Wednesday, March 19, 2014

Justice Corrections Corporation

The lights that hung two stories above did little to light the grey concrete hallway as a man in a suit led a group of five other men all in grey suits as he was, down the hallway, gesturing occasionally to one of the pods on either side, each filled with a single body, a screen on the door of the pod reading the vitals of the person held in stasis inside.

“I assure you all, despite the protesters this remains the most humane way of dealing with violent criminals on the planet.”  His voice was smooth as warm chocolate, his eyes lit from behind with greed.  A security guard passed by on the walkway that served as the floor above.  Up there, the pods were a part of the wall itself, each one sunk partially into the concrete the building was made of.

“I’m certain, but I also noticed they seem to be released earlier than their sentences would suggest.  That isn’t comforting to the voting public, Mr. Reynolds.”  One of the group spoke, and the other murmured agreement.  The views of the voting public were especially important around election time, and there was one around the corner.

“Oh, don’t worry Senator.  These men and women serve their sentences like all others, just in a different manner, a more humane one.”  Mr. Reynolds assured the politicians.  “We believe that our facilities offer a better chance at rehabilitation.  Our rate of return is significantly lower than that of other prison systems after all.”

Of course, they often returned to the world with a complete lack of knowledge of what had happened while they were serving their sentences, and the culture shock made finding jobs, among other things, even more difficult, but they never were returned for violent crimes. So long as that was true, who cared about the fate of a criminal?

“I will give you that Mr. Reynolds.  Your former prisoners are not eager to return.”  The Senator paused by one of the pods and peered inside.  Behind the lightly fogged glass lay a woman, looking for the entire world like she merely slept, at peace.  “Who is this one?”

“Ah, this is our most infamous tenant, serving four life sentences.  No need to worry however.  The intravenous drip that our prisoners receive their nutrients from keeps them in the cryogenic state, so long as their body temperatures remain below a certain level.”  He assured the politicians. “It even slows their aging so that they don’t lose out on too much of their life while serving their sentences.”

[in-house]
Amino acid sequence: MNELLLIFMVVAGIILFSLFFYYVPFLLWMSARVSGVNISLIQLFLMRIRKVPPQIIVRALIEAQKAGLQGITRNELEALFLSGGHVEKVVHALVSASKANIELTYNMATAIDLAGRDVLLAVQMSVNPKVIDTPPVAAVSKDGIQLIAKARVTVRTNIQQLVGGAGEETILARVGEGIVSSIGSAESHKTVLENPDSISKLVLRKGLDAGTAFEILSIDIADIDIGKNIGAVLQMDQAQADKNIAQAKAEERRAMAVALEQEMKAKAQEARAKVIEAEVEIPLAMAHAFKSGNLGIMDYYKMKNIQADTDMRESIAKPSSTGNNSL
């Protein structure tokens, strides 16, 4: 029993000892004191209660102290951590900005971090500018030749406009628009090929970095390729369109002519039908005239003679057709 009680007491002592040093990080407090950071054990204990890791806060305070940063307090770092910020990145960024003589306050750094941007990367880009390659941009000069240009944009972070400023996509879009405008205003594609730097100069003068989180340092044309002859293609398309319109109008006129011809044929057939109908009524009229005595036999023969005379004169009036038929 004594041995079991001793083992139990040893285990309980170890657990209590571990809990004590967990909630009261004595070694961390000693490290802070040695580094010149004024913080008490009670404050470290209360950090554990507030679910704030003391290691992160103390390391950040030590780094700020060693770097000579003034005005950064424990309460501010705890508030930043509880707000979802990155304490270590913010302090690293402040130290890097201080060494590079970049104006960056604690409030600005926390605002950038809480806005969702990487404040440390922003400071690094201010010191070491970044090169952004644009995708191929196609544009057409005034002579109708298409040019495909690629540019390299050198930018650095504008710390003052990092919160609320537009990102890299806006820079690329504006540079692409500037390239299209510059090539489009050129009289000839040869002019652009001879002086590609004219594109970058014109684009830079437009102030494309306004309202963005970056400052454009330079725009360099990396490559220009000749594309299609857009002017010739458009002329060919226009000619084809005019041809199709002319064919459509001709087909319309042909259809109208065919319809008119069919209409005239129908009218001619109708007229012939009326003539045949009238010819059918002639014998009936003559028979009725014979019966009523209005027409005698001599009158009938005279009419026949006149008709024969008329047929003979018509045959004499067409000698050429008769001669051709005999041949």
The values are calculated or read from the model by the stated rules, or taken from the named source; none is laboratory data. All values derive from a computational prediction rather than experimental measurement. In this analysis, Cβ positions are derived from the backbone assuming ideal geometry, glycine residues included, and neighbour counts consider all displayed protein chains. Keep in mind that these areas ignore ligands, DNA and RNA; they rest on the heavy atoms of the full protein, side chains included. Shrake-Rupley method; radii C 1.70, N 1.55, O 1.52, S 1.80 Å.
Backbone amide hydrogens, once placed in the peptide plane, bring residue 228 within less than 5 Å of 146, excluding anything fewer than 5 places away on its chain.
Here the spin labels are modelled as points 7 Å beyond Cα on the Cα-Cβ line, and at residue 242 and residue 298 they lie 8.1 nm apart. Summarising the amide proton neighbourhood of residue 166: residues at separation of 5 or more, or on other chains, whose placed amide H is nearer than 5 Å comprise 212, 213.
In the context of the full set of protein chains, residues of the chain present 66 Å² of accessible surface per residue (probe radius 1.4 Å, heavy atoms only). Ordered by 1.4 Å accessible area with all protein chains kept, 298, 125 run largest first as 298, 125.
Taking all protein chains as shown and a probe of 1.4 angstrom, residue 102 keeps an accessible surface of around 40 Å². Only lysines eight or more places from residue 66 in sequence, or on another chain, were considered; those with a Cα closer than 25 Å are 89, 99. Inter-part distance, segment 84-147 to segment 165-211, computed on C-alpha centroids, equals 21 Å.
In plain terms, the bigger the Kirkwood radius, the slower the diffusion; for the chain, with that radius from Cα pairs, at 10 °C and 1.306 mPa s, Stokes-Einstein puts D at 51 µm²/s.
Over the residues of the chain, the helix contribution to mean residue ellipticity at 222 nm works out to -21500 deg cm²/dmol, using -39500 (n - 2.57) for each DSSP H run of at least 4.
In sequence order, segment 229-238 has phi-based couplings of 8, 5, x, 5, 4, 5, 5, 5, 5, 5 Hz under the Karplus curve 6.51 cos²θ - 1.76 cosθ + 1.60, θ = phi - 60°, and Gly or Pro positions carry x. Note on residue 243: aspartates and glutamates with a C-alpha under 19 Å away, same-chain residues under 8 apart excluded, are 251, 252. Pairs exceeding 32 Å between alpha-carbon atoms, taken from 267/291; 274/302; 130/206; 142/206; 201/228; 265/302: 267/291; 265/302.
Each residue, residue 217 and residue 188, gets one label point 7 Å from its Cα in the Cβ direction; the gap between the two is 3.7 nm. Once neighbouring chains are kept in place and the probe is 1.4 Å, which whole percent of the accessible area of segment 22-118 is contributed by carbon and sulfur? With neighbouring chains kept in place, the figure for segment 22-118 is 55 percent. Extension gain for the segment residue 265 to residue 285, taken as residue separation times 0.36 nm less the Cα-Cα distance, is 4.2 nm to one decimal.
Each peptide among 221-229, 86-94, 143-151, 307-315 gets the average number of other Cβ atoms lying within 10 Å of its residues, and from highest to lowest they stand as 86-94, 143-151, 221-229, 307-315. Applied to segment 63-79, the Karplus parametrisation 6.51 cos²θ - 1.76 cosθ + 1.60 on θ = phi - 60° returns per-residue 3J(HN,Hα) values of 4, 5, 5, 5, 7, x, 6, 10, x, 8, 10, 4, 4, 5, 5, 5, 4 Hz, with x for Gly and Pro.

Mr. Reynolds opened the door without fear, and leaned the dark haired woman inside forward.  Her short cropped hair did nothing to hide the diodes that ran down her dark skin along her spine.  “It’s easy enough to move the prisoners and keep them in shape enough that they are able to walk and move after their internment, though even with her age slowing, Ms. Adams will be not have too much time let by the time she has finished her sentence.”

He laid her back, hiding the diodes once more and closing the door.  “I’m sure you noticed the drip going into her wrist.  Ms. Adams is well and truly held here.”  He said.  “And will serve four lifetimes, as she was sentenced, all in the computer generated world where all of our inmates serve their times.  As you men know, they begin life again from birth.  We at Justice Corrections Corp believe that this allows them better to rehabilitate themselves, by truly giving them a second chance.”

The Senator nodded at that.  “Then is seems all is in order.  I believe it won’t be hard to convince the others to award the contract to JCC.  After all, this is a rather human facility.” He said and walked on.

In the pod, Ms. Adams eyes fluttered briefly before closing once more.

“Excellent.  Given the boom in populations, prison facilities like this are truly the best choice.  We can fit more prisoners per square foot, with less resources, than any other.”  The man boasted, pleased.  “Across the 12 worlds, Justice Corrections houses almost 7.2 billion criminals.  An extra facility is sure to help, given how quickly the population grows.”

“Of course.  Isn’t the program becoming rather crowded?”  The Senator asked, and Mr. Reynolds smiled.

“Oh yes, but no worries.  We’ll be branching out. In the computer world, the prisoners will have a breakthrough in space travel.  Though it will be just enough for them to colonize a second planet, and a second prison.  It will be called Mars.”  They had already named it, some of the prisoners from many decades ago, after all.  The planets and stars had only been designed so the prisoners would not panic over it.  Anything too unrealistic and they may break free somehow.

The programmers were already designing the new prison system, and the details that would be found there.  The contract of course, was Justice Corrections. It just took enough donations to enough senators, after all.